The spokesman for Climate Action Almaguin says so far seven electric vehicles (EV) will be on display outside the Armour, Ryerson and Burk's Falls Memorial Arena as part of a public meeting on electrification later this month.
Al Bottomley says a Tesla and Chevy Volt will be among the vehicles.
The climate group has been lobbying municipal councils in Almaguin this year asking them to switch their internal combustion engine vehicles to electric when it’s time to replace the existing cars and trucks.
The owners of the EVs will be at the Nov. 30 event, answering questions about how their vehicles perform and what problems, if any, they have encountered.
“And they may also take you for a ride so you can see how they feel,” Bottomley said.
Bottomley and the other members of Climate Action Almaguin have been making the case for the strong need to get off fossil fuels in order to bring down greenhouse gas emissions.
They have been holding regular protests outside post office buildings in Almaguin as a means to raise awareness how the world is destroying the environment but there are ways to reverse this damage.
Bottomley says these protests will continue.
Bottomley says electric vehicles have come a long way since they were first proposed.
Among the improvements are the batteries that power the vehicles which Bottomley says are now less expensive and provide a longer range on one charge.
He adds the Tesla owner has been keeping a record of what the electric vehicle has cost him and calculates that within seven years the Tesla will have paid for itself because the owner won't incur expenses associated with gas powered vehicles.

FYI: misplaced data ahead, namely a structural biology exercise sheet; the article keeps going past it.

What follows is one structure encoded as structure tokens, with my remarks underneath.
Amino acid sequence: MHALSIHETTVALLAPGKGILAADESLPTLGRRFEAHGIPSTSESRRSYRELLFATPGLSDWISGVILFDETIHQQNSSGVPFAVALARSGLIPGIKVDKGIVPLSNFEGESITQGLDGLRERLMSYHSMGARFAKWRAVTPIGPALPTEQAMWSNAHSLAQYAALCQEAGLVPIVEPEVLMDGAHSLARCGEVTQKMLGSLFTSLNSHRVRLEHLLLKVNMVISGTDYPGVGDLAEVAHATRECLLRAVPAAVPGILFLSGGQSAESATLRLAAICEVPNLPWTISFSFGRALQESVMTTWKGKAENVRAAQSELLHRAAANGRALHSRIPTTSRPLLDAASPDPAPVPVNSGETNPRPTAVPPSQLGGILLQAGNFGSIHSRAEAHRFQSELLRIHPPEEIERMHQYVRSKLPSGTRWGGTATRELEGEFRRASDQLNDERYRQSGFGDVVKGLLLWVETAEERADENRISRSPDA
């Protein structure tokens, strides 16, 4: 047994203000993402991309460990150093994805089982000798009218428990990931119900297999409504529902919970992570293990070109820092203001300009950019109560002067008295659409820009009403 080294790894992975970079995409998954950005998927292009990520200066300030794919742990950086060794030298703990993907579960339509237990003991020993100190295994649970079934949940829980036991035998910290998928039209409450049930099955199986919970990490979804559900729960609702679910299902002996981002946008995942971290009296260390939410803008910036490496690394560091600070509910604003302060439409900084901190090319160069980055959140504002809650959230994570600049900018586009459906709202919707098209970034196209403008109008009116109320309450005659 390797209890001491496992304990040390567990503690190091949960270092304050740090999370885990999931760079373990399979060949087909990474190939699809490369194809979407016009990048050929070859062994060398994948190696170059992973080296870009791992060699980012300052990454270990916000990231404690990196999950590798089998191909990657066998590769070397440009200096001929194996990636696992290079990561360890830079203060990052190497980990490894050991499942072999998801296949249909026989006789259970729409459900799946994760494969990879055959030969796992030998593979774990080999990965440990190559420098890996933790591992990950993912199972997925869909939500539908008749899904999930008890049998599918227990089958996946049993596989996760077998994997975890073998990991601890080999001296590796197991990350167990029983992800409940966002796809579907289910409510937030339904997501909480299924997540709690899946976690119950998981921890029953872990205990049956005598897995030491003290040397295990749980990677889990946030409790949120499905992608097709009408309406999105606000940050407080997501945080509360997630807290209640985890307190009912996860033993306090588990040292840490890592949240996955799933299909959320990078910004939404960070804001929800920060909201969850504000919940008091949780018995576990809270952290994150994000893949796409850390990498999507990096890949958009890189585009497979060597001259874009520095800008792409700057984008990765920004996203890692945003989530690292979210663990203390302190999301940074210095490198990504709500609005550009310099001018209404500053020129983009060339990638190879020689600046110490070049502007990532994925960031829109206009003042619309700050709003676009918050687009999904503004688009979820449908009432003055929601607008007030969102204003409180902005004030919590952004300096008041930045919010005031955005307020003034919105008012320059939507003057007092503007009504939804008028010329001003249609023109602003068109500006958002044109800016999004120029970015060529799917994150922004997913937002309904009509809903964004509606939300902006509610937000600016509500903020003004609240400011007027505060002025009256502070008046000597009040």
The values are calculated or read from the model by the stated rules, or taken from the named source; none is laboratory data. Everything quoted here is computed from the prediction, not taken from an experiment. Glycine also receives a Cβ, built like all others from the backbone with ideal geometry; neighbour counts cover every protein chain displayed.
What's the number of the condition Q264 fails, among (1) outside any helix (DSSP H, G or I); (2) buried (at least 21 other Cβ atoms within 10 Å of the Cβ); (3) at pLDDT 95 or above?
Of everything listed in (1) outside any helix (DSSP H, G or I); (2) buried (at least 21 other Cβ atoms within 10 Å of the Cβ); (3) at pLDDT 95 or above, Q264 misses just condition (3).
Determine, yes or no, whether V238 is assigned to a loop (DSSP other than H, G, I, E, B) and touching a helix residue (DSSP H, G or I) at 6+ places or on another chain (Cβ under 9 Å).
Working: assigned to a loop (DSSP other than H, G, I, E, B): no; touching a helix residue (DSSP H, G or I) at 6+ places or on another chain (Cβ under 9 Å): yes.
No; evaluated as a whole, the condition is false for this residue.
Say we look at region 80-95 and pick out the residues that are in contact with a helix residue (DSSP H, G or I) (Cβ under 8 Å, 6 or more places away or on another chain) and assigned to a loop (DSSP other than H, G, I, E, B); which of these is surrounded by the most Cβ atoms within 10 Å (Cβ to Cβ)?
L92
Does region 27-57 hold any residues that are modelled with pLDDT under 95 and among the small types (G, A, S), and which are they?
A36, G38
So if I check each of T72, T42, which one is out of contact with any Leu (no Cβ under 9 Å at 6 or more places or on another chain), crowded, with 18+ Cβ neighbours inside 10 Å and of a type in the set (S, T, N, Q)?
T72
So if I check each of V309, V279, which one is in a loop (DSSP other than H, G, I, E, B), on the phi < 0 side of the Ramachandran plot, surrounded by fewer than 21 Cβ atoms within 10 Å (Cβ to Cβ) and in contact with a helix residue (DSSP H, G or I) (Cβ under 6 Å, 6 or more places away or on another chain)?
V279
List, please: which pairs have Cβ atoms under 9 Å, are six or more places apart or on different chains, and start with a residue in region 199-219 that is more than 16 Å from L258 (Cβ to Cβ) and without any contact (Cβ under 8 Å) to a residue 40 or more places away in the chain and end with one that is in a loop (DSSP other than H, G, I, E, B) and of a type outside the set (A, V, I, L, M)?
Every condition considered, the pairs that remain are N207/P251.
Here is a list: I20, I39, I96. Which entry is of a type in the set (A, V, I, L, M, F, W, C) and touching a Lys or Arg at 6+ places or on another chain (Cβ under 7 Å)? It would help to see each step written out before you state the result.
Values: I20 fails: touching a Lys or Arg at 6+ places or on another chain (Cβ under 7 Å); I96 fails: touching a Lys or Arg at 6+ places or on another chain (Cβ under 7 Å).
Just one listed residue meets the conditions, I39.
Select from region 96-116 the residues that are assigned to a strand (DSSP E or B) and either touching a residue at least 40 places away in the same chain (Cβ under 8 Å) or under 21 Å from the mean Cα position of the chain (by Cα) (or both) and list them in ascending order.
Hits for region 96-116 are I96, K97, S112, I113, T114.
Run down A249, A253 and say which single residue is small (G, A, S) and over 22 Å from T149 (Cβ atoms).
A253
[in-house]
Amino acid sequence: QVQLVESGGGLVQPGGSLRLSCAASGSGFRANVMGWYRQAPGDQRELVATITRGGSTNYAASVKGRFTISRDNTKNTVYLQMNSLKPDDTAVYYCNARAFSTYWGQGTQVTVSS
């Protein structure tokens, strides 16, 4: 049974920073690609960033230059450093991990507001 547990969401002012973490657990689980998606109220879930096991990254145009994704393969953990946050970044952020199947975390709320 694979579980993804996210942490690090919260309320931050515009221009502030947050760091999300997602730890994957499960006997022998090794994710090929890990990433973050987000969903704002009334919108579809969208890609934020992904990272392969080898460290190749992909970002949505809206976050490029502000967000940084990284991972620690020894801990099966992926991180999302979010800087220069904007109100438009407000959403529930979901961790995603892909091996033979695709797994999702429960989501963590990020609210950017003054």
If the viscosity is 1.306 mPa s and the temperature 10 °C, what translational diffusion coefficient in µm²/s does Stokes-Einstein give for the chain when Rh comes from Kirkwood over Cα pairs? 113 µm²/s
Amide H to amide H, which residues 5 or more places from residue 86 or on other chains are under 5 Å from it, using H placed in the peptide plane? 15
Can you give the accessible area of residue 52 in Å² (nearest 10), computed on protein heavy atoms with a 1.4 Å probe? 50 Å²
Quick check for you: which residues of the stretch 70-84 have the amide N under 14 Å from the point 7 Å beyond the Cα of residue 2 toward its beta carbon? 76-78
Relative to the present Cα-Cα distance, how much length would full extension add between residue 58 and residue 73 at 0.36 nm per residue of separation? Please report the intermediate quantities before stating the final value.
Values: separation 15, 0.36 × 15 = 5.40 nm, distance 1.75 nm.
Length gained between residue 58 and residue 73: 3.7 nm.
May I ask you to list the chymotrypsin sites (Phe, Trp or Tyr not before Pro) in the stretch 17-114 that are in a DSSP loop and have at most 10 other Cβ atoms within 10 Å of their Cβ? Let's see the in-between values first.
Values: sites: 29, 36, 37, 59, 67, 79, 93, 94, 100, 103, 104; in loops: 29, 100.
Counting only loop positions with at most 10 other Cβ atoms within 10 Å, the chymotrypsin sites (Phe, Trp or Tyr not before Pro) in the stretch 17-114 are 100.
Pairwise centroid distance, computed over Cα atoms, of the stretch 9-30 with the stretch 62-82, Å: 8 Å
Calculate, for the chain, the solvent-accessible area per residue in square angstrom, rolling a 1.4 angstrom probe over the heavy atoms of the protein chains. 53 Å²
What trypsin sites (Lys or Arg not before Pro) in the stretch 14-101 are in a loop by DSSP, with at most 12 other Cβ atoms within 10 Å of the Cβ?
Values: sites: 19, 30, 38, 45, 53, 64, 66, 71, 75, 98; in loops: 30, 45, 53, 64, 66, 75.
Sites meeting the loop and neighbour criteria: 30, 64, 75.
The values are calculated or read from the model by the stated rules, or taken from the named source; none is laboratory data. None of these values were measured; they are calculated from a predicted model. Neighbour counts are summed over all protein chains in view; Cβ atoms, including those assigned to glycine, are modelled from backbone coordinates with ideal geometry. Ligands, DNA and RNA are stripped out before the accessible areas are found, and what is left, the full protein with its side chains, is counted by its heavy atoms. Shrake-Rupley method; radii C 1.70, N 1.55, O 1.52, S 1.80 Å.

The vehicle display is followed by a presentation in the arena.
Bottomley says whether climate change is real or fake will not be debated.
Rather, the presentation will focus on new battery technologies, ways of getting off the grid to power your vehicles and energy storage.
Bottomley believes there's an opportunity for someone to develop a charging kit that uses solar panels as the power source.
Once charged, the kit would be used to charge the electric vehicle battery.
Bottomley says if some entrepreneur can figure out how to do something like this, it won't challenge the existing hydro grid and the individual stands to make lots of money.
Bottomley says he doesn't have an EV but is working on getting one.
He hopes that as more electric vehicles are manufactured in the United States, it gets Canada to follow the American lead with more EVs made in Canada.
He adds of the seven core members of the local climate action group, one has a Tesla and the other owns a hybrid.
The Nov. 30 meeting will also focus on the types of electric vehicles that are available, tips on how the public can take steps to reduce our carbon dioxide production and how to kickstart the RV revolution in Canada.
The outdoor presentation of the EVs with their owners will be at 6:30 p.m., followed by the presentation in the arena hall at 7 p.m.
The upcoming meeting is the first of two Bottomley and his group plan to hold.
A future meeting will address how homes and buildings can be heated with proven non-fossil fuel sources.
“We're part of the problem and we’d better be part of the solution,” Bottomley said.
Rocco Frangione is a Local Journalism Initiative reporter who works out of the North Bay Nugget. The Local Journalism Initiative is funded by the Government of Canada.
Rocco Frangione, Local Journalism Initiative Reporter, The North Bay Nugget